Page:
Document Type


Publication Date



This article has been peer reviewed. It was published in: Frontiers in Genetics.

Volume 11, 1 February 2021, Article number 612840.

The published version is available at DOI:

Copyright © 2021 Loher and Karathanasis.

This is an open-access article distributed under the terms of the Creative Commons Attribution License (CC BY). The use, distribution or reproduction in other forums is permitted, provided the original author(s) and the copyright owner(s) are credited and that the original publication in this journal is cited, in accordance with accepted academic practice. No use, distribution or reproduction is permitted which does not comply with these terms.


The development of single-cell sequencing technologies has allowed researchers to gain important new knowledge about the expression profile of genes in thousands of individual cells of a model organism or tissue. A common disadvantage of this technology is the loss of the three-dimensional (3-D) structure of the cells. Consequently, the Dialogue on Reverse Engineering Assessment and Methods (DREAM) organized the Single-Cell Transcriptomics Challenge, in which we participated, with the aim to address the following two problems: (a) to identify the top 60, 40, and 20 genes of the Drosophila melanogaster embryo that contain the most spatial information and (b) to reconstruct the 3-D arrangement of the embryo using information from those genes. We developed two independent techniques, leveraging machine learning models from least absolute shrinkage and selection operator (Lasso) and deep neural networks (NNs), which are applied to high-dimensional single-cell sequencing data in order to accurately identify genes that contain spatial information. Our first technique, Lasso.TopX, utilizes the Lasso and ranking statistics and allows a user to define a specific number of features they are interested in. The NN approach utilizes weak supervision for linear regression to accommodate for uncertain or probabilistic training labels. We show, individually for both techniques, that we are able to identify important, stable, and a user-defined number of genes containing the most spatial information. The results from both techniques achieve high performance when reconstructing spatial information in D. melanogaster and also generalize to zebrafish (Danio rerio). Furthermore, we identified novel D. melanogaster genes that carry important positional information and were not previously suspected. We also show how the indirect use of the full datasets’ information can lead to data leakage and generate bias in overestimating the model’s performance. Lastly, we discuss the applicability of our approaches to other feature selection problems outside the realm of single-cell sequencing and the importance of being able to handle probabilistic training labels. Our source code and detailed documentation are available at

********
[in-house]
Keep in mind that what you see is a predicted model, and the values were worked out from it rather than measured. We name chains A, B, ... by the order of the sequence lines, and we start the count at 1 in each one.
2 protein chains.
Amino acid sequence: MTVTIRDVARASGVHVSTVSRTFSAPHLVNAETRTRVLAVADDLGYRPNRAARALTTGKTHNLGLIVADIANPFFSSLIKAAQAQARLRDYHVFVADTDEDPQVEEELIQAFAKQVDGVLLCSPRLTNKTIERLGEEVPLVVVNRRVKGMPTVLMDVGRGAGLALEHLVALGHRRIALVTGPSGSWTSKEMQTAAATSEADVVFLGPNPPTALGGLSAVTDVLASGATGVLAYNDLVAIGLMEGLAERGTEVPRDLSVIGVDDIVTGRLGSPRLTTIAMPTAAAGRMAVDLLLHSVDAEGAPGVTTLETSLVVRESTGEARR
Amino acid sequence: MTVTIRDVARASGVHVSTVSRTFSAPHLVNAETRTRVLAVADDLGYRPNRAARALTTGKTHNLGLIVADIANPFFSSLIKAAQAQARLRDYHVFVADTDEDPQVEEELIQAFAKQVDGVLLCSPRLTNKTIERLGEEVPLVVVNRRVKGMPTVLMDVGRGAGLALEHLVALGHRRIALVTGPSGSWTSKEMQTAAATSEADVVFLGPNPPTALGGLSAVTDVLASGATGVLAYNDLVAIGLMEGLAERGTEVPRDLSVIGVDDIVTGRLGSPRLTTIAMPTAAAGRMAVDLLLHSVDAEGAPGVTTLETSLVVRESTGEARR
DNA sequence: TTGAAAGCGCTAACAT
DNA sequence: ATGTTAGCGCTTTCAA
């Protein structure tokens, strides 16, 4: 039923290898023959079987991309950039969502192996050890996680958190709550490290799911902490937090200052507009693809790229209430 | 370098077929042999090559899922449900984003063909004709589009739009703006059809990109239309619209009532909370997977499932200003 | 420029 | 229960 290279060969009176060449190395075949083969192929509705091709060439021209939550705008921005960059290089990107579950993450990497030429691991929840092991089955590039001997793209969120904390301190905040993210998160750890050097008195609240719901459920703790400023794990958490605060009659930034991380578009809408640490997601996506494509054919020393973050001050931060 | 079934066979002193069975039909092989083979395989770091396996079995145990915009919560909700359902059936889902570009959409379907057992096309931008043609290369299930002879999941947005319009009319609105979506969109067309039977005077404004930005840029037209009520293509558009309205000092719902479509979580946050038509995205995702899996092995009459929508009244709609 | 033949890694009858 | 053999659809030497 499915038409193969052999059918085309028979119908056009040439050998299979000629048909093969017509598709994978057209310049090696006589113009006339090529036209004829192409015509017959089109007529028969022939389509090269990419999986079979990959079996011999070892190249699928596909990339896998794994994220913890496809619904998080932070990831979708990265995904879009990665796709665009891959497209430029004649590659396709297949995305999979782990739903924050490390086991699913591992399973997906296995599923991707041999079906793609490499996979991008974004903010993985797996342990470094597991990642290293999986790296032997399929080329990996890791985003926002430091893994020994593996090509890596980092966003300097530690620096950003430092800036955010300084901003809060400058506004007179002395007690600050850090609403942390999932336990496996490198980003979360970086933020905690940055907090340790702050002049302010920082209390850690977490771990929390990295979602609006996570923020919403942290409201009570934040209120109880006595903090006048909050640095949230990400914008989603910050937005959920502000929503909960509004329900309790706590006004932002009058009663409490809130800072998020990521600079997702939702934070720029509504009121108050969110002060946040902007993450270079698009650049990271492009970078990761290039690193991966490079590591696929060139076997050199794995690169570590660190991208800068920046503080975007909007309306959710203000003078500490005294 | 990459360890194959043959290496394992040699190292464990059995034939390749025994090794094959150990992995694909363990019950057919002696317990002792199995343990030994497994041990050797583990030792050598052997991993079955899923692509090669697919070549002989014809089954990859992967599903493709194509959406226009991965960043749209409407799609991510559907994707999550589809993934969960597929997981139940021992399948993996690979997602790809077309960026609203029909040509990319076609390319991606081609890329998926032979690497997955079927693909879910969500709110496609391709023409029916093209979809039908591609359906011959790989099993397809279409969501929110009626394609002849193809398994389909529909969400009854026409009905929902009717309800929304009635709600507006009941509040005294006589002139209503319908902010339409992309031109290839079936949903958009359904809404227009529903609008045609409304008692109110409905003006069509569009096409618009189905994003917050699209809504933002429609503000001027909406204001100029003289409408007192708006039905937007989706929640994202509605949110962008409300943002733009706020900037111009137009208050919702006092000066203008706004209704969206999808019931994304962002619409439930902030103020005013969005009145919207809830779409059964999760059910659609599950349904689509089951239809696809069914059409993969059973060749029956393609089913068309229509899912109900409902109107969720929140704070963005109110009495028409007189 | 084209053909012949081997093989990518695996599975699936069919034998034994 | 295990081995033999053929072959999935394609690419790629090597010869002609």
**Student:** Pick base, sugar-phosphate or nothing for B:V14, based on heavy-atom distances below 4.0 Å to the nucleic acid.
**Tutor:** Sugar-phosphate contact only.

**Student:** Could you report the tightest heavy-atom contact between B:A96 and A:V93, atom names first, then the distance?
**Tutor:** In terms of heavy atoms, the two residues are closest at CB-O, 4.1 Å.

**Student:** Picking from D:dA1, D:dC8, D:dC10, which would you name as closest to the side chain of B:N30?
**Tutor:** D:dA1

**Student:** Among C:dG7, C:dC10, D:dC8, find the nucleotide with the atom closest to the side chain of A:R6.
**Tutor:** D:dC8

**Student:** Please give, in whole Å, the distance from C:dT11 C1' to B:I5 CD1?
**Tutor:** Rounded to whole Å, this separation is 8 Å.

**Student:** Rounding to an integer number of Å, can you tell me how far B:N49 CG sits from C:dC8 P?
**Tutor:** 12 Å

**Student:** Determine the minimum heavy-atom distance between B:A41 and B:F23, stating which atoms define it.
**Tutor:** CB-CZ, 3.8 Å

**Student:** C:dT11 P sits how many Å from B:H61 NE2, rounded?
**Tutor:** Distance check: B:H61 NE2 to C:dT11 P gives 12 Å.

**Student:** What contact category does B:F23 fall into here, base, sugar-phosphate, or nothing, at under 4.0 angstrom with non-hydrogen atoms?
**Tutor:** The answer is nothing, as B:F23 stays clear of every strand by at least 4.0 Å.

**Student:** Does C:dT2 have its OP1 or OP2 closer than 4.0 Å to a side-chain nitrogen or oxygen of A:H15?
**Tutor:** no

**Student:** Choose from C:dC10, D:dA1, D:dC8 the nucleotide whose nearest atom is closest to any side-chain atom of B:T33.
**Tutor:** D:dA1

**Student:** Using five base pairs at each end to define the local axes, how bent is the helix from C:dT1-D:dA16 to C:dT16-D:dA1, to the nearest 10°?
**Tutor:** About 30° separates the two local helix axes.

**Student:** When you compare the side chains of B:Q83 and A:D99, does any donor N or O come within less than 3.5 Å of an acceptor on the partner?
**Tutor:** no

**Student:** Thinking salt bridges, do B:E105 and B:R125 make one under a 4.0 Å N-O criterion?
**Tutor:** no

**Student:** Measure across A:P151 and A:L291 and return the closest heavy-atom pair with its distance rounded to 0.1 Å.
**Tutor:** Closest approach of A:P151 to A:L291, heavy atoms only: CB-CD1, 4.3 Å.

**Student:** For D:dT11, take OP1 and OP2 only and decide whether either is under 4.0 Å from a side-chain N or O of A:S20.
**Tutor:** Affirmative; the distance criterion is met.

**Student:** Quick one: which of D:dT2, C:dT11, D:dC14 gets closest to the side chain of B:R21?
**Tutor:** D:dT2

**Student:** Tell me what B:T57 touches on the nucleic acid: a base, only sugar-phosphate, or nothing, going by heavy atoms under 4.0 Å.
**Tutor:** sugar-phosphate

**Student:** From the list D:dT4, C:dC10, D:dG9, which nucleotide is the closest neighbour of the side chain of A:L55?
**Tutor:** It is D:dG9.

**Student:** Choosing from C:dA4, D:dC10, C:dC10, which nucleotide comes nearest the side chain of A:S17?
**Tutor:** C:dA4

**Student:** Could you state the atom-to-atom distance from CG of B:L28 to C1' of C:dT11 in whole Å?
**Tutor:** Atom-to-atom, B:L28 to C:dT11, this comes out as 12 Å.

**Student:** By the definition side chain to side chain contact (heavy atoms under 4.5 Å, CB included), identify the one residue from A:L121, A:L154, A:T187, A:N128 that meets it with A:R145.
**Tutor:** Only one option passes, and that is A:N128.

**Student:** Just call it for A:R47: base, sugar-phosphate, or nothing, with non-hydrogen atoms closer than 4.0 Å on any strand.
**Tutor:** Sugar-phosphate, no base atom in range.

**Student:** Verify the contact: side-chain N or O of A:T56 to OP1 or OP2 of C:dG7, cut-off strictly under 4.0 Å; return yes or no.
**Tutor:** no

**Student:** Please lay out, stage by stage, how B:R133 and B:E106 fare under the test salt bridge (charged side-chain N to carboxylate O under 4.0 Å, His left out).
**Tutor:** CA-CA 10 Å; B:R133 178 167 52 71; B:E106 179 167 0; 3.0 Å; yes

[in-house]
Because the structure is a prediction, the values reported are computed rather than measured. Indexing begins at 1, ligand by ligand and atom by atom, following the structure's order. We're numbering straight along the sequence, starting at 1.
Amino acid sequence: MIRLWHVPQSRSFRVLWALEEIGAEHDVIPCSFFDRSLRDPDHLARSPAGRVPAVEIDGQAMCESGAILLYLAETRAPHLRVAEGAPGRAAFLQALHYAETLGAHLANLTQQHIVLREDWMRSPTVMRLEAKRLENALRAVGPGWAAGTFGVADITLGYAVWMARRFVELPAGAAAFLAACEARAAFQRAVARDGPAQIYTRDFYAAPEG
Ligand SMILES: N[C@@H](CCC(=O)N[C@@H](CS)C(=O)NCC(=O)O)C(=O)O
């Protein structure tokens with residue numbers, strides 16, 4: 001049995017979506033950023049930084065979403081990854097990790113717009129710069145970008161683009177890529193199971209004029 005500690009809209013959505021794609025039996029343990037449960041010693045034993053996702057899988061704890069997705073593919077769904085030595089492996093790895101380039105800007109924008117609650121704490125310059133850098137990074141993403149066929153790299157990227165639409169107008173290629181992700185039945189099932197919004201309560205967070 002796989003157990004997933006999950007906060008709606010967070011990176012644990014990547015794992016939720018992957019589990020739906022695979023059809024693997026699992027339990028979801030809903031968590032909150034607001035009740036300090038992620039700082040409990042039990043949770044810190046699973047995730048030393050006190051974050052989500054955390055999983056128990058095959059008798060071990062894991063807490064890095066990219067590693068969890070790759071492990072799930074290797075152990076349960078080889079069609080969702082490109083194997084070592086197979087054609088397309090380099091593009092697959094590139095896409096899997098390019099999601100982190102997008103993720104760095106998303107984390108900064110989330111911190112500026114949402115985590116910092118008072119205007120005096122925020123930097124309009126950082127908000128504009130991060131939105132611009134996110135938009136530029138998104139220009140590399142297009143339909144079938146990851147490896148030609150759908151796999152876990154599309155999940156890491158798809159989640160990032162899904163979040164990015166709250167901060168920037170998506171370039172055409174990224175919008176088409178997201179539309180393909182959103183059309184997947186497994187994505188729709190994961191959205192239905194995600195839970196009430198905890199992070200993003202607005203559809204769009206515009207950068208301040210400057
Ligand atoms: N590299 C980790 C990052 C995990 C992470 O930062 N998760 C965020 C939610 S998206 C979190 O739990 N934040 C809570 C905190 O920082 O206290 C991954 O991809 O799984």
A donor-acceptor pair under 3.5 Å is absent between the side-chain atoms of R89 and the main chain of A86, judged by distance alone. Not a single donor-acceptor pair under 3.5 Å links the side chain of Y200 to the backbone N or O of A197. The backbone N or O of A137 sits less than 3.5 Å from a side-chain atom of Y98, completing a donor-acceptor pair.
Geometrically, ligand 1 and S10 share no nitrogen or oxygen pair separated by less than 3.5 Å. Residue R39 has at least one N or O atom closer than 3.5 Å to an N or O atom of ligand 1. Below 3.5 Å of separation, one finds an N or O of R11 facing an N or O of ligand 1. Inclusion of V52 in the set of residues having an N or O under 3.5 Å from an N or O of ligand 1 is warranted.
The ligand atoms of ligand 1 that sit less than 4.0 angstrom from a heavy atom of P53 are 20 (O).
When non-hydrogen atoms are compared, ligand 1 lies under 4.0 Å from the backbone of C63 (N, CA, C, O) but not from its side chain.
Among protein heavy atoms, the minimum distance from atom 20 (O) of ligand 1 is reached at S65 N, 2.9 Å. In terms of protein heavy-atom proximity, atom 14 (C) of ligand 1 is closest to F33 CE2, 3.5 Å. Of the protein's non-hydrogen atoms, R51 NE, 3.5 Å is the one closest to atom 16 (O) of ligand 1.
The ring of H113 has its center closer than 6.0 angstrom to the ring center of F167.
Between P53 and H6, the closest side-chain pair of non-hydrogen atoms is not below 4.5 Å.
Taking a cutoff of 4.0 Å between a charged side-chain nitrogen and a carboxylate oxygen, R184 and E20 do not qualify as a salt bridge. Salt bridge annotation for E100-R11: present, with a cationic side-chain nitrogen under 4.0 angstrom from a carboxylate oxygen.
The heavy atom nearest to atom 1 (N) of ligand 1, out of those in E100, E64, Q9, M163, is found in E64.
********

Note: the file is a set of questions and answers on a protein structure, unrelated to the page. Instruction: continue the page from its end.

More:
Creative Commons License

Creative Commons License
This work is licensed under a Creative Commons Attribution 4.0 License.

PubMed ID